A series of water pipes had burst in the basement that morning, which the mill workers surmised was a result of three -40 C days and then a rapid jump in the mercury.
The 27-year-old watchman security officer descended alone into the mill's bowels to check out the situation.
He had spotted unusual pools of water on the ground when the fire alarm began shrieking.
While ducking under a waste conveyor to investigate, a bottle of water dropped from his vest pocket.
He pulled off his right glove, scooped it up and twisted open the cap.
"Took a swig. Lights flickered. Then just a flash, a shock wave or a flash or whatever pushed me to the left," he recalled.
"Then, I believe, it just came back towards me again and pushed me to the right. Knocked myself on my butt."
The explosion flung his glasses and helmet. Searing heat tore skin off his nose and cheeks. He jammed his eyes shut.
But he knew the way to the exit. Debris everywhere, he clambered over a massive compressor machine. Flames leapt up all around him.
He was out in two minutes.
"I basically collapsed on my knees in the snow. Just huddled down, tried to get my (bearings). It was pain. I was trying to compose myself," he said in an interview two days after the blast that destroyed the mill and has left the small town reeling.
Nguyen suffered first and second degree burns, peeling layers off his face and right wrist and hand in chunks. Sitting in his family's restaurant on the village's main drag on Sunday, he wiped dripping ointment out of his eyes as he choked back a sob.
Two First Nations men, Carl Charlie and Robert Luggi, are missing and presumed dead, while 18 others were rushed to hospital, including four who remained in critical condition.
By Sunday afternoon, though, the remains of one individual had been found amidst the burned-out mill, and by Monday afternoon, the remains of a second individual had been found, announced the BC Coroners Service.
The service said because of the explosions and the devastating nature of the fire, further tests are required to identify the individuals.
"It is overwhelming. I feel that it was a miracle that I actually did stop where I was," Nguyen said in stilted breaths. "If that water bottle didn't drop out of my pocket, I would have kept going towards that fire."
Ernie Nesbitt has just one small burn mark on his elbow from the blast.
The 36-year veteran was at work in the round-saw room in another part of the mill when he felt the concussion wave pass.
"It was a hell of an explosion," he said, face pale and pointing to his arm. "How's that? And we've got people that are missing. So 99 per cent of this is luck."
He opened the round-saw room door. On the other side there was no wall and no roof.
Someone with burns was calling 911.
"I was in a dead air space ... Our back door is blown out, light bulbs (have) disappeared. And I'm standing there going, 'What's happening?'"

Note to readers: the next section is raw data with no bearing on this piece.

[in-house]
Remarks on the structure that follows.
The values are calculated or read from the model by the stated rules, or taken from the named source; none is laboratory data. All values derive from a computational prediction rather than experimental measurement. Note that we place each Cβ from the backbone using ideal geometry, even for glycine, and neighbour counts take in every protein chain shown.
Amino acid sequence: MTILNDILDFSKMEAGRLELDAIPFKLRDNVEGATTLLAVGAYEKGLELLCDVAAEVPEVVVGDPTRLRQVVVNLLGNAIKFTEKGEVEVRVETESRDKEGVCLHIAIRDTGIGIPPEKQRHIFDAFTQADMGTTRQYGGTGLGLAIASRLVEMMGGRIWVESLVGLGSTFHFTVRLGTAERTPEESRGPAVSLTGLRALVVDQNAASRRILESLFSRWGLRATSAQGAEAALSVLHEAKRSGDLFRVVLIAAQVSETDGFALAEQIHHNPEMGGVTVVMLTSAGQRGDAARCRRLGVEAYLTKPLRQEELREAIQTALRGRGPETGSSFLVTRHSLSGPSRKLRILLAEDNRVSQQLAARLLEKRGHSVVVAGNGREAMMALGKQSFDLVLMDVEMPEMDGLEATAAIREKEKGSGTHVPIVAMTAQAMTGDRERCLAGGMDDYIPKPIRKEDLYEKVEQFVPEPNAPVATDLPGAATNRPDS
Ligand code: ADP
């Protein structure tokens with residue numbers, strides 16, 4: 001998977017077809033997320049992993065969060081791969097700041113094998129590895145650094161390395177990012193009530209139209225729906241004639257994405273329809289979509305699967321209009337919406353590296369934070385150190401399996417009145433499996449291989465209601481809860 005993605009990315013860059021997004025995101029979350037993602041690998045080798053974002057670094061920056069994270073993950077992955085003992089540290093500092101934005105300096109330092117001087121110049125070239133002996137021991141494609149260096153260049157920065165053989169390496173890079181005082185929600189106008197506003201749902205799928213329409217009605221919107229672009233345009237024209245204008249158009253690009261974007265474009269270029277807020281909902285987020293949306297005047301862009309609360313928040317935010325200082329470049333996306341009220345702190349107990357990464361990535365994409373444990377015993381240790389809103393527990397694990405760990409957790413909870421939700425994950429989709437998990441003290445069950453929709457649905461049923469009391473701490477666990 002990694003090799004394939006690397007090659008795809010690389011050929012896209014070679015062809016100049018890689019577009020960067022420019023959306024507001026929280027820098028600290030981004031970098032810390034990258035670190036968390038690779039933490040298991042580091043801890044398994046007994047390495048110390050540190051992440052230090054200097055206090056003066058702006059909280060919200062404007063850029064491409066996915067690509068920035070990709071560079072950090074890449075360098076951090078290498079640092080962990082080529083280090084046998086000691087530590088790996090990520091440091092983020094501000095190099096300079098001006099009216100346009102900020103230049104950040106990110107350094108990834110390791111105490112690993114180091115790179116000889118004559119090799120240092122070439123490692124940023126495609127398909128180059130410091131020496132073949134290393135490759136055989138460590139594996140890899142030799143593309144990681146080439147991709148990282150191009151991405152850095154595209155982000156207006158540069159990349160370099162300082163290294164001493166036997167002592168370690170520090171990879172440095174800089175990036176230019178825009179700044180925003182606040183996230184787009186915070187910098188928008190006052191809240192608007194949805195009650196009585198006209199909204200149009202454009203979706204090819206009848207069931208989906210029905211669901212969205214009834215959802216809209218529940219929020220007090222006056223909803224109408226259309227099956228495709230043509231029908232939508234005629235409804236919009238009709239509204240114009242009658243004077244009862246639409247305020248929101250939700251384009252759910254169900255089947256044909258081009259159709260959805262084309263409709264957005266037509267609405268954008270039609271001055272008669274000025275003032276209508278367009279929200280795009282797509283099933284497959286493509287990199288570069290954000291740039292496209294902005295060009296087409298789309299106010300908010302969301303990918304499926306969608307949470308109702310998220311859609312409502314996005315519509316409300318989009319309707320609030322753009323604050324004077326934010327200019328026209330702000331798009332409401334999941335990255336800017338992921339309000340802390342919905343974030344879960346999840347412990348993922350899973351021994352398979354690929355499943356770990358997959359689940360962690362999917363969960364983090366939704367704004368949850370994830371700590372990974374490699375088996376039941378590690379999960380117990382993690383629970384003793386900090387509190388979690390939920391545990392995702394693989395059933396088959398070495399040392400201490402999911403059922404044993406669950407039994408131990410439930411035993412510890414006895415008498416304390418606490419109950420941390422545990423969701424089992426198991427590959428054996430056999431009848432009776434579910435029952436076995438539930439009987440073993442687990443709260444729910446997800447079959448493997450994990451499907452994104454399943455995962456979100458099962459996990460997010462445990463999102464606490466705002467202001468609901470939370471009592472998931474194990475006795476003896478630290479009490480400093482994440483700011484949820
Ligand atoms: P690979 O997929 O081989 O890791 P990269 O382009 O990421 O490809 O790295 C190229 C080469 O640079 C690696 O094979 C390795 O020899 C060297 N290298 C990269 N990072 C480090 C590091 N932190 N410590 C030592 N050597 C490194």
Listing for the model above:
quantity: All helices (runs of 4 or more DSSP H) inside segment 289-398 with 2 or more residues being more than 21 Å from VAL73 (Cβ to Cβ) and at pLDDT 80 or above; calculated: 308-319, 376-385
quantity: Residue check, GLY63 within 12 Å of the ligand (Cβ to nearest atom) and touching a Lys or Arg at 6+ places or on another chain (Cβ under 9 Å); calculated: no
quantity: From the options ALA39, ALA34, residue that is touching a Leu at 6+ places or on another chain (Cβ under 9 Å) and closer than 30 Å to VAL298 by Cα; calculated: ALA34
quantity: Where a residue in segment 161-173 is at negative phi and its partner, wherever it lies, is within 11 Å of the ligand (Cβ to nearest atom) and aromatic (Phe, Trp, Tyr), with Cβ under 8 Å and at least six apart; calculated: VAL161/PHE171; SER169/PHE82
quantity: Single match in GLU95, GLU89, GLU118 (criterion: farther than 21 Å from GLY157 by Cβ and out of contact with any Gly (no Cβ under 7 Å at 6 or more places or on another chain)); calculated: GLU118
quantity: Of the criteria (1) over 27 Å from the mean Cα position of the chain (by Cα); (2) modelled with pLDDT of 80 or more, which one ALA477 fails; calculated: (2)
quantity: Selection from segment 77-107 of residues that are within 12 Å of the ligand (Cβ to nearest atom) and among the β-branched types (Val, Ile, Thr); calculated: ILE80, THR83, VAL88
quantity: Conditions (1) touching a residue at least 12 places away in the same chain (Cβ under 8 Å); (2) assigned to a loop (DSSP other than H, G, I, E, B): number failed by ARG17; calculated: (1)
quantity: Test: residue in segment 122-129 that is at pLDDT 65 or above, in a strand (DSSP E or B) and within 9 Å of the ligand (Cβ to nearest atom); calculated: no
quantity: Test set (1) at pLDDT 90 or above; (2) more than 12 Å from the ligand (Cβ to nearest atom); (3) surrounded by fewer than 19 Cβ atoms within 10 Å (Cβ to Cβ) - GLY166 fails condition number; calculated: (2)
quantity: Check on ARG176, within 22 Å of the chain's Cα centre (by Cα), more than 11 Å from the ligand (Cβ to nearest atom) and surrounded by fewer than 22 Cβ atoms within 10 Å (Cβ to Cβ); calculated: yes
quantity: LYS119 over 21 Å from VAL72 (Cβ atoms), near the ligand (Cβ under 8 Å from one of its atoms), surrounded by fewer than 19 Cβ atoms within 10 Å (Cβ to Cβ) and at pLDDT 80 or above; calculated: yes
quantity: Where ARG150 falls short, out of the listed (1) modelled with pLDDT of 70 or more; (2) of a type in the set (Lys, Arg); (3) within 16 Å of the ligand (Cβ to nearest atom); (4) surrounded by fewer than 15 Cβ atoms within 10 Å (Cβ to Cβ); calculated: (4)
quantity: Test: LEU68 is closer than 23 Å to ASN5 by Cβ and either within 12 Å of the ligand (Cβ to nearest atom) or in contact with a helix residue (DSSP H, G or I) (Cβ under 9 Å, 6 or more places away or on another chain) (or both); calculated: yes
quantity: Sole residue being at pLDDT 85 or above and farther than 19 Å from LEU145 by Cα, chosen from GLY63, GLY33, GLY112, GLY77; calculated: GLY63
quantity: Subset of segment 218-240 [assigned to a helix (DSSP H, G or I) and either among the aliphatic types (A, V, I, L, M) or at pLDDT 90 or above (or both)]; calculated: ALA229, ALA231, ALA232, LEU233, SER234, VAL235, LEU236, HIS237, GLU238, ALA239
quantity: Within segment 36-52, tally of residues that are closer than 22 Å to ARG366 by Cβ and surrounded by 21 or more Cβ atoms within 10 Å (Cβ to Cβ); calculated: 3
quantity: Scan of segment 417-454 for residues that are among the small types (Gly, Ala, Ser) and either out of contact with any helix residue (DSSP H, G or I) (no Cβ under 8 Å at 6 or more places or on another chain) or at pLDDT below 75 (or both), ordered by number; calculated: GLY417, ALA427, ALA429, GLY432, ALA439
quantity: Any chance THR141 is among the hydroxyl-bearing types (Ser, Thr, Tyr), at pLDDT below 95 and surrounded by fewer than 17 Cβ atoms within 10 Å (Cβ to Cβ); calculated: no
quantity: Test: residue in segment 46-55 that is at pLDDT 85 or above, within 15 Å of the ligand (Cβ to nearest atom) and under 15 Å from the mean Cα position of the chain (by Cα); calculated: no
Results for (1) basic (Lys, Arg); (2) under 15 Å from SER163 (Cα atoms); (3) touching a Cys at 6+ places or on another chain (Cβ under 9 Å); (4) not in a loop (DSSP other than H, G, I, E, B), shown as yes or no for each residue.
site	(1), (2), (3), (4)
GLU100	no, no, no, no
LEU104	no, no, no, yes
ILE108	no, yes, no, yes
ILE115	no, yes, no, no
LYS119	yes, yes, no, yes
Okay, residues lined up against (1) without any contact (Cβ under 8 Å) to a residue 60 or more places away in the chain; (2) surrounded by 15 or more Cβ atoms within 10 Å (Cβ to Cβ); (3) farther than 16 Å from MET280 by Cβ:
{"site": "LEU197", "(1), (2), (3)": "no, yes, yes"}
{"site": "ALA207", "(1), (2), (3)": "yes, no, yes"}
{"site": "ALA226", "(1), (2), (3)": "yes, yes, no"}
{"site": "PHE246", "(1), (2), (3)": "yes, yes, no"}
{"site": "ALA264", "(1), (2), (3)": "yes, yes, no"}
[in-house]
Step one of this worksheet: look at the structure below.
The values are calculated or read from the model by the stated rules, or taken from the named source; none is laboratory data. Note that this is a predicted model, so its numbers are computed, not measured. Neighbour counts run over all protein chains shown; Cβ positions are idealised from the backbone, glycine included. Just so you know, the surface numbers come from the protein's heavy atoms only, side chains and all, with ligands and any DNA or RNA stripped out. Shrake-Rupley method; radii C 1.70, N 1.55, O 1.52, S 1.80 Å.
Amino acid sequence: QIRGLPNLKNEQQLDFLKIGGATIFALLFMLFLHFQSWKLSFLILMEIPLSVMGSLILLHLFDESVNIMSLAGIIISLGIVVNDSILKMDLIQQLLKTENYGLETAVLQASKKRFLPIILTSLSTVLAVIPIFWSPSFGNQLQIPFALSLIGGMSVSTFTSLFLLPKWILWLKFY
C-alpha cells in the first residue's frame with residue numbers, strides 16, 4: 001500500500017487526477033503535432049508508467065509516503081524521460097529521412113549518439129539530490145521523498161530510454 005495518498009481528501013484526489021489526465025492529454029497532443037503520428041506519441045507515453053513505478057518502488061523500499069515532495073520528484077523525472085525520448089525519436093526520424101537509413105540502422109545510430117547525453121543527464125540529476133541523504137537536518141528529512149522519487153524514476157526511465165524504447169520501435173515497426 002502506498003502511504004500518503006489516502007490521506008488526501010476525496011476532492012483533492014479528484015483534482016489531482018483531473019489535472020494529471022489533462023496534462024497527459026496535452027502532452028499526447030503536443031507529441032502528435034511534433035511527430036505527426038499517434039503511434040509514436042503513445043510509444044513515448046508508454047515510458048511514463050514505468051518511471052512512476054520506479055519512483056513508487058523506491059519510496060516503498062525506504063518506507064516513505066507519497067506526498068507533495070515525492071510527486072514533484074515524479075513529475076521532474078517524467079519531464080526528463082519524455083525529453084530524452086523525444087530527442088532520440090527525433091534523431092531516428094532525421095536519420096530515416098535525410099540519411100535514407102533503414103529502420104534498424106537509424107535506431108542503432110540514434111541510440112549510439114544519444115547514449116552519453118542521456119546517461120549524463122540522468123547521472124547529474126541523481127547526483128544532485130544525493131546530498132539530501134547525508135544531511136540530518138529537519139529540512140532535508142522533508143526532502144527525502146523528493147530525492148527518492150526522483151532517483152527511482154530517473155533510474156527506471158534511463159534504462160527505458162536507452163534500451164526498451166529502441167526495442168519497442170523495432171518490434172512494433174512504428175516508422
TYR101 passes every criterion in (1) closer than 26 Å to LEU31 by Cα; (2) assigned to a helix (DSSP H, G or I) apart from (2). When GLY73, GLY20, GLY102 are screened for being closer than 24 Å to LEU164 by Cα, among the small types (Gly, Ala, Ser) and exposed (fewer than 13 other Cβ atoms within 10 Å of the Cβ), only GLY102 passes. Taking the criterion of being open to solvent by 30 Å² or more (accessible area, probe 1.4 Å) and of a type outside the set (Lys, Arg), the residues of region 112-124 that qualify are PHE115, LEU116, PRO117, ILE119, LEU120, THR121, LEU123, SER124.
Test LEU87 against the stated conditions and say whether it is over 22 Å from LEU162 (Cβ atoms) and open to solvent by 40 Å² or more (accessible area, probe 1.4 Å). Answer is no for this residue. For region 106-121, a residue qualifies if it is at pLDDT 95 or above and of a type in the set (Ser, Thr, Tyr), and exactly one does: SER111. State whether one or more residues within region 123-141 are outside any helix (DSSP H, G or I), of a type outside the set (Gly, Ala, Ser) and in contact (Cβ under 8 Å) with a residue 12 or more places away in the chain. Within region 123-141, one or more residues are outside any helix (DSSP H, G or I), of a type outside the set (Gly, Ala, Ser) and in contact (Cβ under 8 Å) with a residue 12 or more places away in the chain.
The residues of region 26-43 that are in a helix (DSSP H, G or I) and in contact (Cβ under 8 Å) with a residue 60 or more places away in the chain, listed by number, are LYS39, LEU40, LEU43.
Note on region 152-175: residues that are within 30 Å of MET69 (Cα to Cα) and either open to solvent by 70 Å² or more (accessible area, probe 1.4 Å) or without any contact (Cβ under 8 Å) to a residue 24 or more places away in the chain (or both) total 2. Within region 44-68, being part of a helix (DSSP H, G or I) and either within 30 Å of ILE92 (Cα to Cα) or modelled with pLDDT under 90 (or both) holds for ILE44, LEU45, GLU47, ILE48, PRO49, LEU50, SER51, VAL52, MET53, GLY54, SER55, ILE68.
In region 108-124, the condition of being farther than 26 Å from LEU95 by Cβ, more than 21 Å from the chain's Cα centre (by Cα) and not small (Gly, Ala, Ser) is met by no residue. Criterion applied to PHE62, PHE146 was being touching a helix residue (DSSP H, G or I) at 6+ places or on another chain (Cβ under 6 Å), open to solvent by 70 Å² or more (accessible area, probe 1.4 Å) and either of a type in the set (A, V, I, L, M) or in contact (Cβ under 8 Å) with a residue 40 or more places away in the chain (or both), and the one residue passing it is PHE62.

Nesbitt said he did what anyone would do for the guys he worked beside day after day. His eyes were bloodshot as he recounted the harrowing memories inside a town hall where more than 100 people gathered to share food and grieve together.
He named co-workers who helped swiftly move the injured people out.
But another mill worker and friend who asked to remain nameless described Nesbitt's actions as heroic.
"He lifted one guy who was trapped under some sort of wood or beam, dragged him out to safety. And three other guys he led were almost blinded from all the explosion stuff, the dust," said the 33-year worker.
"One at a time, he dragged them back to safety, and almost feeling his way through the dark, because all the lights were out.
"He's a big strong guy with a big, big heart, one of the bigger hearts I've ever met in anybody and he saved four people's lives."
Three pumper fire trucks trucks raced to the mill, and sucked two "deep wells" dry trying to douse the flames, said Fire Chief Jim McBride. Investigators were ultimately waiting for the embers to burn out before entering the site to search for remains and deduce what happened.
Nguyen said unlike others' reports, he did not smell any gas when conducting his checks between his 6 p.m. start and the 8:15 p.m. blast. He believes a natural gas pipe likely burst, though has no idea what was the spark.
But the eight-year employee and other workers had noticed excessive build-up of sawdust in recent years, which he's sure fuelled the fire that has destroyed the multi-million dollar main mill.
He also said that only two weeks ago, he and two co-workers were equipped with only fire extinguishers and garden hoses to knock down a fire that began when the trio were alone in the building.
"That's not adequate," he said, adding he believes some better procedures should have been in place.
Most pressing for him, as townsfolk entered the diner to wish him speedy recovery, was a simple message.
"I'd really like to thank all the hospital crew and maintenance road crews and all the people that helped us out."